It's bacteria against bacteria, and one of them is going down.
Two UC Santa Barbara graduate students have demonstrated how certain microbes exploit proteins in nearby bacteria to deliver toxins and kill them. The mechanisms behind this bacterial warfare, the researchers suggest, could be harnessed to target pathogenic bacteria. Their findings appear in the Proceedings of the National Academy of Sciences.
Lead authors Julia L.E. Willett and Grant C. Gucinski have detailed how gram-negative bacteria use contact-dependent growth inhibition (CDI) systems to infiltrate and deliver protein toxins into neighboring cells. By studying the bacteria Escherichia coli (E. coli), they were able to document how CDI "translocation domains" can use multiple pathways to transfer those toxins into a cell. By understanding that mechanism, Willett said, it could be possible to use it as a model for pinpoint targeting of bacteria.
"The long-term, real-world potential is that if we know bacteria can deliver their own proteins into other cells, we might be able to use this as a delivery system for antibiotics and other therapeutics," said Willett, a doctoral student in UCSB's Department of Molecular, Cellular and Developmental Biology (MCDB). She and Gucinski conducted the work under the direction of faculty adviser and MCDB professor Chris Hayes. Hayes is the second author on the paper.
"If we know the detailed mechanisms of delivery maybe we can target specific groups of bacteria," Willett continued. "Instead of taking an antibiotic that targets all bacteria, we might be able to deliver one that could specifically target one group of bad bacteria that leaves the good bacteria in your gut alone."
Gucinski, a graduate student researcher in UCSB's Biomolecular Science and Engineering Program, began studying E. coli as an undergraduate. Although it has a reputation as a nasty pathogen, that group of bacteria is generic enough to make an ideal research subject.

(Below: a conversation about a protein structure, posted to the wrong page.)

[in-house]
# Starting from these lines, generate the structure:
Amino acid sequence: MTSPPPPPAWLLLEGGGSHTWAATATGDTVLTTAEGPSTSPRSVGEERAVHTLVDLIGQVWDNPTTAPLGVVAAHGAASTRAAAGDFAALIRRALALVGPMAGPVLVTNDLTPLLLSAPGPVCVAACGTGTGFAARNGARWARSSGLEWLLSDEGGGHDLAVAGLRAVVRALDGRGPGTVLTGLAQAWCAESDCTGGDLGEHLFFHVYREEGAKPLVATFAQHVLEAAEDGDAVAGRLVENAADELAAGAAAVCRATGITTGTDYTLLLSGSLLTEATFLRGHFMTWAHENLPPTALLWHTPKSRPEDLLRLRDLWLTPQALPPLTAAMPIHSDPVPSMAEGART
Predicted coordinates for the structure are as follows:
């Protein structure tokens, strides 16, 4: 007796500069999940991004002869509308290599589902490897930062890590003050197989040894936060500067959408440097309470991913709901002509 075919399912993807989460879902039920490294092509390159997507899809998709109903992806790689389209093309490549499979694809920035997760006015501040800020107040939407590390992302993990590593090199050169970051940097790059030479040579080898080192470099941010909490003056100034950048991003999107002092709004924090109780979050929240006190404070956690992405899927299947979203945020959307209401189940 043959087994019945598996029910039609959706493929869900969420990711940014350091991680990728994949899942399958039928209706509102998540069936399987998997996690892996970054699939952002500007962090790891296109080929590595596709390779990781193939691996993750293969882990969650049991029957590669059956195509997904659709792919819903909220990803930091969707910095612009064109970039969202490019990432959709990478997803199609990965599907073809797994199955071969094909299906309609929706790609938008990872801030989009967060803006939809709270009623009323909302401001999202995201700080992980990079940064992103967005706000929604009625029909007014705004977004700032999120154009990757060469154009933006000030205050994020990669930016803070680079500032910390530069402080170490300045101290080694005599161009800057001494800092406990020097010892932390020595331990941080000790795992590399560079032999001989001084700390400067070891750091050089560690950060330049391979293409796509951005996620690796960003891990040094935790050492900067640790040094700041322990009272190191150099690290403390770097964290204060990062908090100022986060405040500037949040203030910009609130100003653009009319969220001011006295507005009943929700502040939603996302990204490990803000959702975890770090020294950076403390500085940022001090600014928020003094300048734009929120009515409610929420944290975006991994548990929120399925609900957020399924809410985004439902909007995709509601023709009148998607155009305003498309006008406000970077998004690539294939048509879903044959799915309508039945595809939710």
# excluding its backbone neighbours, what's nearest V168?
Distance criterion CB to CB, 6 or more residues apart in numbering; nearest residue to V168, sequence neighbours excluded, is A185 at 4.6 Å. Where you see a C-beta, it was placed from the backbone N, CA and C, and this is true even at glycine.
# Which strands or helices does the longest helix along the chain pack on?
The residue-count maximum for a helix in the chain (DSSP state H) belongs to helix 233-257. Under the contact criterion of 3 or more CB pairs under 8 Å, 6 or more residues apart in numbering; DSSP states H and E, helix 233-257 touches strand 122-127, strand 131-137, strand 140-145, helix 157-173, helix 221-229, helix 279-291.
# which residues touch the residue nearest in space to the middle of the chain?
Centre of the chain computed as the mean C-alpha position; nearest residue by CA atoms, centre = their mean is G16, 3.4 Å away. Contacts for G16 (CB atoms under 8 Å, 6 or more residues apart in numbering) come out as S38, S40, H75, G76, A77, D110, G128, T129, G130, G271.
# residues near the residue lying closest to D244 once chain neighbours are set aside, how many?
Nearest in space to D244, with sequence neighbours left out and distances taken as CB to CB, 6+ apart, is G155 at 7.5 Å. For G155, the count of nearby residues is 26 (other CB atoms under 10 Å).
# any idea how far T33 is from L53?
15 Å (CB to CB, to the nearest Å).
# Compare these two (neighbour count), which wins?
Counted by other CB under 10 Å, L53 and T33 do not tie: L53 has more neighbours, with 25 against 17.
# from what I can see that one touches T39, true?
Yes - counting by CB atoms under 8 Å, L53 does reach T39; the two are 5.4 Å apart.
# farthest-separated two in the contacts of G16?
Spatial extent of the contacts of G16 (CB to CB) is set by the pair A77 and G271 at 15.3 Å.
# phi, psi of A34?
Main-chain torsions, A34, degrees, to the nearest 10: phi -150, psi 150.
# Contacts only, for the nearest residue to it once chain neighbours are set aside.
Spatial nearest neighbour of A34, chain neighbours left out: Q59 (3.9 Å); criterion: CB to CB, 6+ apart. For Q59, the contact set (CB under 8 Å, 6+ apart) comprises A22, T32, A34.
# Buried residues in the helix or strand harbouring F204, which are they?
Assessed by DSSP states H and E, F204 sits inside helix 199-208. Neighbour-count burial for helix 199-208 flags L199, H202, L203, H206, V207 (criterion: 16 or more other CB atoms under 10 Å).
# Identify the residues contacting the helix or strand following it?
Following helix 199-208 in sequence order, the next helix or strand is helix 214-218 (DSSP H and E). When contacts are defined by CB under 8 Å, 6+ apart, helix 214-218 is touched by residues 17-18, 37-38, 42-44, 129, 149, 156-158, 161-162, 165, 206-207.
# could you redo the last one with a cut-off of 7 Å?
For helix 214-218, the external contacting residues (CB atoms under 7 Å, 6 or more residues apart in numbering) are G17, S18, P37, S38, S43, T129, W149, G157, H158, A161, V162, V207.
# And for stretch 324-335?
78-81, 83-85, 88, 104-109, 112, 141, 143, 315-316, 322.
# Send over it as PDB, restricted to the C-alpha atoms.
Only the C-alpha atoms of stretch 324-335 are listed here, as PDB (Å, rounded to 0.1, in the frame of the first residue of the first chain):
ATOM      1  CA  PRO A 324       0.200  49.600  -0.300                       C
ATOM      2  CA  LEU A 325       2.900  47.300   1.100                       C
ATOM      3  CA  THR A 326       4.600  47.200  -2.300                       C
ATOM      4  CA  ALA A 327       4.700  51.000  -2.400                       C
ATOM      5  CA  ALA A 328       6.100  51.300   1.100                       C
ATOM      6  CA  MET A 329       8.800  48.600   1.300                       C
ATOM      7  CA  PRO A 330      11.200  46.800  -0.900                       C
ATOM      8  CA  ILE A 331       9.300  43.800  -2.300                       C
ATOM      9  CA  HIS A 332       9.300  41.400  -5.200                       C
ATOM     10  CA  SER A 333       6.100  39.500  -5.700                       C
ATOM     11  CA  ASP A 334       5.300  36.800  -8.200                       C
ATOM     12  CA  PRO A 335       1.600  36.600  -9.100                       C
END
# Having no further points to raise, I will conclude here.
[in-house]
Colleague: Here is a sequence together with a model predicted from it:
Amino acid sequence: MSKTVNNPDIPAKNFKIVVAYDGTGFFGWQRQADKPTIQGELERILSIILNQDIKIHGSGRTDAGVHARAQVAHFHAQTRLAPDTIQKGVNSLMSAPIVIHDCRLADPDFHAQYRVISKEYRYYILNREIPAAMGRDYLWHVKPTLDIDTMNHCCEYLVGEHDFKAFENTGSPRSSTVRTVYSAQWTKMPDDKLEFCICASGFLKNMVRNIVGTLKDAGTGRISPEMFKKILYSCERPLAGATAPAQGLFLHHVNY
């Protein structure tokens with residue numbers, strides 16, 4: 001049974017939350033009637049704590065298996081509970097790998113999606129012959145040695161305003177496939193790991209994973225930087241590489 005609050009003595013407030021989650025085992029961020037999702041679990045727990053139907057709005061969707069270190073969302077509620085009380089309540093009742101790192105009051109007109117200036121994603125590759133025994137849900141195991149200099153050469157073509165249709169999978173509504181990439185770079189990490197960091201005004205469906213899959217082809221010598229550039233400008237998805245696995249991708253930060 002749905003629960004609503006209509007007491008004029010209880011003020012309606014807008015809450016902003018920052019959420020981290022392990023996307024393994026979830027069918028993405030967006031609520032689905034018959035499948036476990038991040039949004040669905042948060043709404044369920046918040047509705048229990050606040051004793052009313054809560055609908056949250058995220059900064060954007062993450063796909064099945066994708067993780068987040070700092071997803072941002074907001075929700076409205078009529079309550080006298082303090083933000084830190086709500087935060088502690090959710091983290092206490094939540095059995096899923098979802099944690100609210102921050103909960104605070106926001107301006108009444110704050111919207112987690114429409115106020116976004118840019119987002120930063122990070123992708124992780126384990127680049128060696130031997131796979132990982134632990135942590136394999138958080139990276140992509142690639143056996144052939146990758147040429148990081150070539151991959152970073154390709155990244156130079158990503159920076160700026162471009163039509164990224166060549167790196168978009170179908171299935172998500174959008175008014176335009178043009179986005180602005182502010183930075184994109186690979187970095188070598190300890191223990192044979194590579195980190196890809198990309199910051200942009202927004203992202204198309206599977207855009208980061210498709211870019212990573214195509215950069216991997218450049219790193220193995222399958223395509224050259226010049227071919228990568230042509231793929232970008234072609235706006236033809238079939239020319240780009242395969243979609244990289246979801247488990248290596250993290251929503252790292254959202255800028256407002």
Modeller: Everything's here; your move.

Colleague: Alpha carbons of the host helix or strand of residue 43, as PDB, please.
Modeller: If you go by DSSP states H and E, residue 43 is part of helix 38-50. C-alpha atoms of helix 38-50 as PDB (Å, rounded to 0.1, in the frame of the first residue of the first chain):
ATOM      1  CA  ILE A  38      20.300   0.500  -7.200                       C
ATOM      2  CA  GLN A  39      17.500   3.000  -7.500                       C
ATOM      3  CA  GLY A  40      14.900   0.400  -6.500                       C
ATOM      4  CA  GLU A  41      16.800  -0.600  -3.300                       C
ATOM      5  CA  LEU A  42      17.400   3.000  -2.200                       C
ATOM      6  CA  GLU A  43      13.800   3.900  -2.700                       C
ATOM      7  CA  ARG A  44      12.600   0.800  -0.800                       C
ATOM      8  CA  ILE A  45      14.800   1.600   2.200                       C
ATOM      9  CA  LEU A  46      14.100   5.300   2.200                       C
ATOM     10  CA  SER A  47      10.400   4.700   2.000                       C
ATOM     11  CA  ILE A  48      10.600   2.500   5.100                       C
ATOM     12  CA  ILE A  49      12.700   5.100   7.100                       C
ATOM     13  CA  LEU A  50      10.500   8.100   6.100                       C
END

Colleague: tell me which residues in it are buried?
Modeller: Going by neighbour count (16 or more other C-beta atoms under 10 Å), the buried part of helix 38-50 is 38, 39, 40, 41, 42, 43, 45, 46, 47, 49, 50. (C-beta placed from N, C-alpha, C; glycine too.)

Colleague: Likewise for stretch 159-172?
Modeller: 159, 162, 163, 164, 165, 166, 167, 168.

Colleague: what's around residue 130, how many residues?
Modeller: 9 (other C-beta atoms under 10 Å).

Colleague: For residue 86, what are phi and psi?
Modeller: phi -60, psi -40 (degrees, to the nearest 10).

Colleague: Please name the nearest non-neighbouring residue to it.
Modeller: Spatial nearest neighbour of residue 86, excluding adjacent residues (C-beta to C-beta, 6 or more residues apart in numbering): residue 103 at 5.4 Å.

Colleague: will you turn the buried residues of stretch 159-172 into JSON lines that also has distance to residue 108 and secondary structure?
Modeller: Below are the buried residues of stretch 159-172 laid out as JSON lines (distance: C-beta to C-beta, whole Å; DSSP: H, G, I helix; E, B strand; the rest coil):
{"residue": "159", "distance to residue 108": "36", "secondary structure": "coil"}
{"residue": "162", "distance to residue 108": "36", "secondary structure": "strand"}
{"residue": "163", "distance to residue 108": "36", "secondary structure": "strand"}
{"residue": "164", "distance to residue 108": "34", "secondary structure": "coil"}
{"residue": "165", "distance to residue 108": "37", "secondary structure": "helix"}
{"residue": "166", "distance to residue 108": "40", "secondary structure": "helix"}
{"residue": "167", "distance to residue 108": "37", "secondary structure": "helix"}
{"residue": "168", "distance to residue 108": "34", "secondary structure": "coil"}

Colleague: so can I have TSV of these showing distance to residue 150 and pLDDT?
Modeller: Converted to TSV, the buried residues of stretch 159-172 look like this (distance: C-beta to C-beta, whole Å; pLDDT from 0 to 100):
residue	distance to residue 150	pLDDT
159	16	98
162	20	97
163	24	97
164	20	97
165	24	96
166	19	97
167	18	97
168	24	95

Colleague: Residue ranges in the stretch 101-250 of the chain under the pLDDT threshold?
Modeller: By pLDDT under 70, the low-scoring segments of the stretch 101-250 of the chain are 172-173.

"E. coli is the easiest system to work with and very representative of the majority of other bacteria," Gucinski said. "The kind of CDI systems that we study are also found in a lot of different kinds of bacteria. This is the tip of the iceberg in our understanding of what we'll find in other CDI systems in other bacteria."
CDI were first described by David Low, professor of MCDB, in 2005. Low, a co-author of the current PNAS paper, reported how a bacterial cell would touch a neighboring cell -- one that was competing for resources in the environment -- and inject it with a toxin. Willett and Gucinski's research builds on Low's work by identifying the multiple ways CDI toxins exploit target cells. The key was in understanding the genetics of those targeted bacteria.
"We know that the cells would have these CDI systems; we know the genetics that are required to make this toxin system, but we were interested in the genetics on the other side, the genetics that are required in the cell that's being inhibited or the cell that's receiving this toxin," Willett explained. "What specifically in that cell is required for the toxin to go from outside the cell to inside the cell?"
Willett and Gucinski found that mutations in the target cells allowed CDI to exploit those cells and inject them with toxins.
"What these CDI systems have done is they've actually hijacked machinery that the cells already have," Willett said. "And so cells when they're growing need to take in nutrients, and the CDI systems hijack those pre-existing systems to deliver these toxins. It's not really tricking the target cells, but it's basically hijacking what's already there for the inhibitor cell's own benefit."
Looking ahead, Willett and Gucinski say potential therapeutic applications are tantalizing but years away. "We're still trying to understand the routes that we can get different CDI toxins into the cell," Gucinski said. "One interesting direction would be what other cargo we can deliver with E. coli, how we can manipulate and control the system to target the pathogens."
Given the rise of drug-resistant bacteria and a dearth of research into new antibiotics, Willett and Gucinski's research has the potential to open a new front in the fight against pathogenic bacteria.
"We hear on the news that a lot of pathogens are becoming resistant or people can no longer take certain antibiotics," Willett said. "And so this might be a new way to get around that. Instead of treating everything on a broad spectrum, if we could learn how a natural antibacterial system delivers things that kill other bacteria we might be able to more learn how we can deliver things like specific proteins or specific antibiotics to kill other bacteria."
Also contributing to the research was UCSB undergraduate Jackson P. Fatheree. The study was supported by a grant from the National Institutes of Health and a National Science Foundation Graduate Research Fellowship.